It is important to take positive action to ensure that political parties remain healthy and operate relatively at arm's length—everything is relative of course.
This is therefore the kind of action we applaud. What the government did here took courage. It could not have been easy. Witness the fact that, within government, there is opposition to this bill. It is public knowledge.
Those opposed are probably right in terms of being true to themselves, when they make comments like, “We do not want our own government to pass this bill because it is taking away too much leeway. We will not be able to operate anymore. What is provided in terms of public funds is insufficient and at the same time we are not allowed to raise money”.
When there is this kind of reluctance coming from the government side about a bill, it generally means that a worthwhile effort has been made. The bill will ensure that from now on, the members of this House, cabinet members and members of the various parties will be more independent vis-à-vis large corporations, big labour unions and all sorts of lobby groups which could previously have strong leverage through financing.
Who could argue against the principle of democratic institutions becoming more independent? Who could argue against citizens having greater influence over political parties?
I would just like to point out that the reality is that the citizens are well served by a bill such as this one. It will improve political mores. We will likely no longer have to rise in this House, as we have done in the past, to criticize the government for awarding contracts to firms that hand a large chunk of the money back to the Liberal Party, or other parties in this House.
This will no longer happen. It is already no longer happening in Quebec. The situation was regularized 25 years ago in Quebec. Everyone is pleased with that way of doing things. The cost of implementing this bill is around $21 million, or $22 million if we prefer a round figure. In a country the size of Canada, $22 million to ensure independence for political parties, to preserve the quality of democratic representation, strikes me as very affordable. It seems to me that $1.75 per voter is not a huge sum to ensure that our parties are less beholden to those who provide funds to them.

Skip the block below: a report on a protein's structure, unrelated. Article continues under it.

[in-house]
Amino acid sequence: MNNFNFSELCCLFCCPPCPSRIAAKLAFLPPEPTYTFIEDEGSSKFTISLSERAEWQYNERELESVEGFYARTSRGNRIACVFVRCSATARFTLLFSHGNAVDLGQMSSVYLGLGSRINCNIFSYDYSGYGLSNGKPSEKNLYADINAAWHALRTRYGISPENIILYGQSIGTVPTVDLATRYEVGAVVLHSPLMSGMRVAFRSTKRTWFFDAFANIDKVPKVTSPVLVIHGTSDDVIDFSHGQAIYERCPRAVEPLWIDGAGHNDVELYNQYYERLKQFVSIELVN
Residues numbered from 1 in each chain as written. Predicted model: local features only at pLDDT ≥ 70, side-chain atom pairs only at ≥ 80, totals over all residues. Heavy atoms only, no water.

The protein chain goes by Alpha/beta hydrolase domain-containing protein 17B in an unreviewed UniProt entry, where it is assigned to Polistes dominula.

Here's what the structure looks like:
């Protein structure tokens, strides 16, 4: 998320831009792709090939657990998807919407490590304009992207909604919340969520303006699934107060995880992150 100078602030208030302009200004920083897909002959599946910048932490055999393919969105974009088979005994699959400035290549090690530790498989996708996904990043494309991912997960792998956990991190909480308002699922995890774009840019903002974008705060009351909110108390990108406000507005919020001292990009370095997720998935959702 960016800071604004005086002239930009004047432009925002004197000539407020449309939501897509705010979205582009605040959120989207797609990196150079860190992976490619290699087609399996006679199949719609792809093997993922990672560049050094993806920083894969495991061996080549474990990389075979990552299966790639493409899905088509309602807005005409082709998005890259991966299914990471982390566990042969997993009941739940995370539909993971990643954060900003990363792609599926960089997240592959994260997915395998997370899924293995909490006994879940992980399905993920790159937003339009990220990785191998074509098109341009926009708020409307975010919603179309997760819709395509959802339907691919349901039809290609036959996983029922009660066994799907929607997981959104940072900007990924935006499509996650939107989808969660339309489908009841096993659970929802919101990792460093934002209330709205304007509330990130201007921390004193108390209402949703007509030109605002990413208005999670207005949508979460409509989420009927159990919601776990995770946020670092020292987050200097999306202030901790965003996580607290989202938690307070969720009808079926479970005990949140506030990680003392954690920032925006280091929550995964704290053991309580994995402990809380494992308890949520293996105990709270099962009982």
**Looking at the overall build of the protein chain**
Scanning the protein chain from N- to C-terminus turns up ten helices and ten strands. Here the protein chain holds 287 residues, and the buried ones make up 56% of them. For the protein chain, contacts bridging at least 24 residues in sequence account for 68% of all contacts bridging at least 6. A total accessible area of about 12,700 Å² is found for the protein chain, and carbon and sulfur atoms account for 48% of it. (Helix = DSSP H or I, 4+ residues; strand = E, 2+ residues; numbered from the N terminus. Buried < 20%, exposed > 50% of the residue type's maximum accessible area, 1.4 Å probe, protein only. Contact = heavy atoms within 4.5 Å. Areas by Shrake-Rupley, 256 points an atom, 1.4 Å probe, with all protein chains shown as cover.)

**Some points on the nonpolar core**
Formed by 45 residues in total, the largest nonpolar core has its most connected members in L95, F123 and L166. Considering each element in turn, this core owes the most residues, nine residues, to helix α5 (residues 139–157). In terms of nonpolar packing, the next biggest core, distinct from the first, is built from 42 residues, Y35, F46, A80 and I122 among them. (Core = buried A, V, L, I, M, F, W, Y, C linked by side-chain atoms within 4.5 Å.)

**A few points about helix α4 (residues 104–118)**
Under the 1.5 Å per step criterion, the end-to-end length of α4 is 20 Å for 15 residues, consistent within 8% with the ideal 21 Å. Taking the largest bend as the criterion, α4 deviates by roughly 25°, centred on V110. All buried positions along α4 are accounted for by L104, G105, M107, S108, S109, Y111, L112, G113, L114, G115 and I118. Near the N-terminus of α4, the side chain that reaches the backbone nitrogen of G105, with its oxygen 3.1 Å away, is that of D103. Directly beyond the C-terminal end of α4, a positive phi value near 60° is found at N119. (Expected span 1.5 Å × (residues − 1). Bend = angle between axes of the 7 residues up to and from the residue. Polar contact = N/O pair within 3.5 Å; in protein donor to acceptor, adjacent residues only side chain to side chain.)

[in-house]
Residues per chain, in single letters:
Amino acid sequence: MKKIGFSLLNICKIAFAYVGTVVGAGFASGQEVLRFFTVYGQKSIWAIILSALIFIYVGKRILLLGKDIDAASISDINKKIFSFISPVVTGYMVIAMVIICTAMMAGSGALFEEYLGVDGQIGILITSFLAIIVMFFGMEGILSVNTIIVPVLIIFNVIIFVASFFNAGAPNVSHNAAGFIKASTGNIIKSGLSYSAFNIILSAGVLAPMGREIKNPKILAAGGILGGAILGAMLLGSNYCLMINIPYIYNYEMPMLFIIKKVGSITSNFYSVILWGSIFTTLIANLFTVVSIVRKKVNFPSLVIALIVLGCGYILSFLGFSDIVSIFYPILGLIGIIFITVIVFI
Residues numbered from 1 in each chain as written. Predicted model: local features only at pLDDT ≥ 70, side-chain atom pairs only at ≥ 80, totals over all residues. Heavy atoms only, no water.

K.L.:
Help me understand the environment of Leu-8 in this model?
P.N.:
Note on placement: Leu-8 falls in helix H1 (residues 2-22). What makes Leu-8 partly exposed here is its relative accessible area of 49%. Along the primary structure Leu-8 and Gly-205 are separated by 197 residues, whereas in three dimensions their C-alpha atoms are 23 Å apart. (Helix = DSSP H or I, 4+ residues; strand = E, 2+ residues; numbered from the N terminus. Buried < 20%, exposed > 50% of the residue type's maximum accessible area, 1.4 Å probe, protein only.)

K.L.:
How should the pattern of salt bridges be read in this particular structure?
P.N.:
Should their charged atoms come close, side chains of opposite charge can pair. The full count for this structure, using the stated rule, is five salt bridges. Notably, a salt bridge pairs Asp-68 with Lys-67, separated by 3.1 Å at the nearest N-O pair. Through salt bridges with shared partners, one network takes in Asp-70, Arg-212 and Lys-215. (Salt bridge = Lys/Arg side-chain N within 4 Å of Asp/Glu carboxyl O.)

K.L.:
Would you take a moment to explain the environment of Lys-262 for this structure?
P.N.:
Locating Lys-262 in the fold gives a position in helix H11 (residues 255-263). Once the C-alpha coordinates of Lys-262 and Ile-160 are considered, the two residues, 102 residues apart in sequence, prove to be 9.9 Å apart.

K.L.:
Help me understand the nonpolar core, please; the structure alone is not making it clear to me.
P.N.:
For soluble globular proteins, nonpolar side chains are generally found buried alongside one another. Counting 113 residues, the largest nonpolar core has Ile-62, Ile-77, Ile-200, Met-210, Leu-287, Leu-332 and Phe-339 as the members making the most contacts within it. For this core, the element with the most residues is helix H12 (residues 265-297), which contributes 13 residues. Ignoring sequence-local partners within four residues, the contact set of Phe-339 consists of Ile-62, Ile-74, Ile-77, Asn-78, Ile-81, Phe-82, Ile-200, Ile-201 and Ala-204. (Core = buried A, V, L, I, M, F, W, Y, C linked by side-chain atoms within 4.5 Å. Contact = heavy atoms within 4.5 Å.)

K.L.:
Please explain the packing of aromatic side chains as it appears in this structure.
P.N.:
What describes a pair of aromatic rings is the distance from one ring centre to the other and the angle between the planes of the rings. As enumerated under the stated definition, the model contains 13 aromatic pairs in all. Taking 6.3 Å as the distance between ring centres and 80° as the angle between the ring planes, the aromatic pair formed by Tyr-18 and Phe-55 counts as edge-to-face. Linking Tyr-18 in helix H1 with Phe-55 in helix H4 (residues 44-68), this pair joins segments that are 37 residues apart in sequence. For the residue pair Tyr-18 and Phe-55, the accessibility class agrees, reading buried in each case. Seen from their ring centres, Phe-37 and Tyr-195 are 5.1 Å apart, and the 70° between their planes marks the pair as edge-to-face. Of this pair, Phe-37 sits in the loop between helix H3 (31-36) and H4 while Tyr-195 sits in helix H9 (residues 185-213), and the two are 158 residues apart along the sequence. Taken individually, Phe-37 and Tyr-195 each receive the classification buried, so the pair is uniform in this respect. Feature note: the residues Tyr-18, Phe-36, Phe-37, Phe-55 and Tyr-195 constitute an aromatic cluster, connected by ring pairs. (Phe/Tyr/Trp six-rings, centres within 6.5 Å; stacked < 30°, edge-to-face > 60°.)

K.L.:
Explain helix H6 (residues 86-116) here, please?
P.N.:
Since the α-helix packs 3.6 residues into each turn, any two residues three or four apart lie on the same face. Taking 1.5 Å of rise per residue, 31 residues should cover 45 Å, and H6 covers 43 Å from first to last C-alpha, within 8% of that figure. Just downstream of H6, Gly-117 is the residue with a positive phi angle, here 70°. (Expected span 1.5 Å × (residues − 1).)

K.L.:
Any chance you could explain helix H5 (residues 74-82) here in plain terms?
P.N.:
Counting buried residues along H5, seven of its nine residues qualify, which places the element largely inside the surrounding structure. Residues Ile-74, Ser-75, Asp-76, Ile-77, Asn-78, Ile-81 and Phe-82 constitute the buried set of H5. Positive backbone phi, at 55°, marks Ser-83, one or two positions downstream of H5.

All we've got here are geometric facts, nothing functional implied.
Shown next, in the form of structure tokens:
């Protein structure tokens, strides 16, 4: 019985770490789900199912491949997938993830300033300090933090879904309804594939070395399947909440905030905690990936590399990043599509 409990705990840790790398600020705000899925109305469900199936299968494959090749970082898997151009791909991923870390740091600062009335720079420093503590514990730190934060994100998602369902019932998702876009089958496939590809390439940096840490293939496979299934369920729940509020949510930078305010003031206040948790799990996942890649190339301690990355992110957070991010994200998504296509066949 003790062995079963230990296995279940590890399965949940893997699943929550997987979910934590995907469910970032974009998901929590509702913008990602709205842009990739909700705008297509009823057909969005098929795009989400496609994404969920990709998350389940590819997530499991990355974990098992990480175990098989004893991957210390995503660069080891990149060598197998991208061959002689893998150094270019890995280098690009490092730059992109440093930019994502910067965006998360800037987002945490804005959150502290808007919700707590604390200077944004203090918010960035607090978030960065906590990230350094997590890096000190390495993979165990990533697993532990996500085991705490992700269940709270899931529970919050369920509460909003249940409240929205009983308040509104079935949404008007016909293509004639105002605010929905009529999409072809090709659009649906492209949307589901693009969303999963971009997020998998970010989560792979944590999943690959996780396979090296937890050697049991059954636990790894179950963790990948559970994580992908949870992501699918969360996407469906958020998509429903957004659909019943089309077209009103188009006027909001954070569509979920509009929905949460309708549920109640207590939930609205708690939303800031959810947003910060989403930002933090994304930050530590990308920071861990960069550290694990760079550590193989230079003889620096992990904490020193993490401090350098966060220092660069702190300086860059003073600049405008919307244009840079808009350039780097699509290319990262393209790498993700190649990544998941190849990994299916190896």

I would say in conclusion that I believe we are serving our fellow citizens well by voting for this bill. On the basis of principles, it is unassailable when we consider that we are preserving the quality of democracy. It is unassailable considering that the purpose of this bill is to prevent excessive financing.
It is also extremely important that this bill prevent examples such as those we denounced earlier of leadership campaign contributions to the tune of $250,000, $100,000 or $25,000, depending on the situation.
This is a major victory for the Bloc Quebecois because we have been trying to have this type of system implemented here in the federal government since 1993. This is a good thing that this is happening for democracy in the rest of Canada.
There is no opposition to this bill in Quebec, but in the rest of Canada, in some areas, there is. However, today, we can tell people who are listening that this type of legislation has been very much appreciated for 25 years now in Quebec and in some other provinces where financing rules are a little more civilized than they were here. We can certainly tell our fellow citizens that we are doing something positive, responsible and respectful of democracy, something that will guarantee that politics will be better in the future.
What we would all like to see is legislation based on honesty, justice and democracy. That is why we are pleased to support this bill and invite all our colleagues in the House of Commons to do likewise.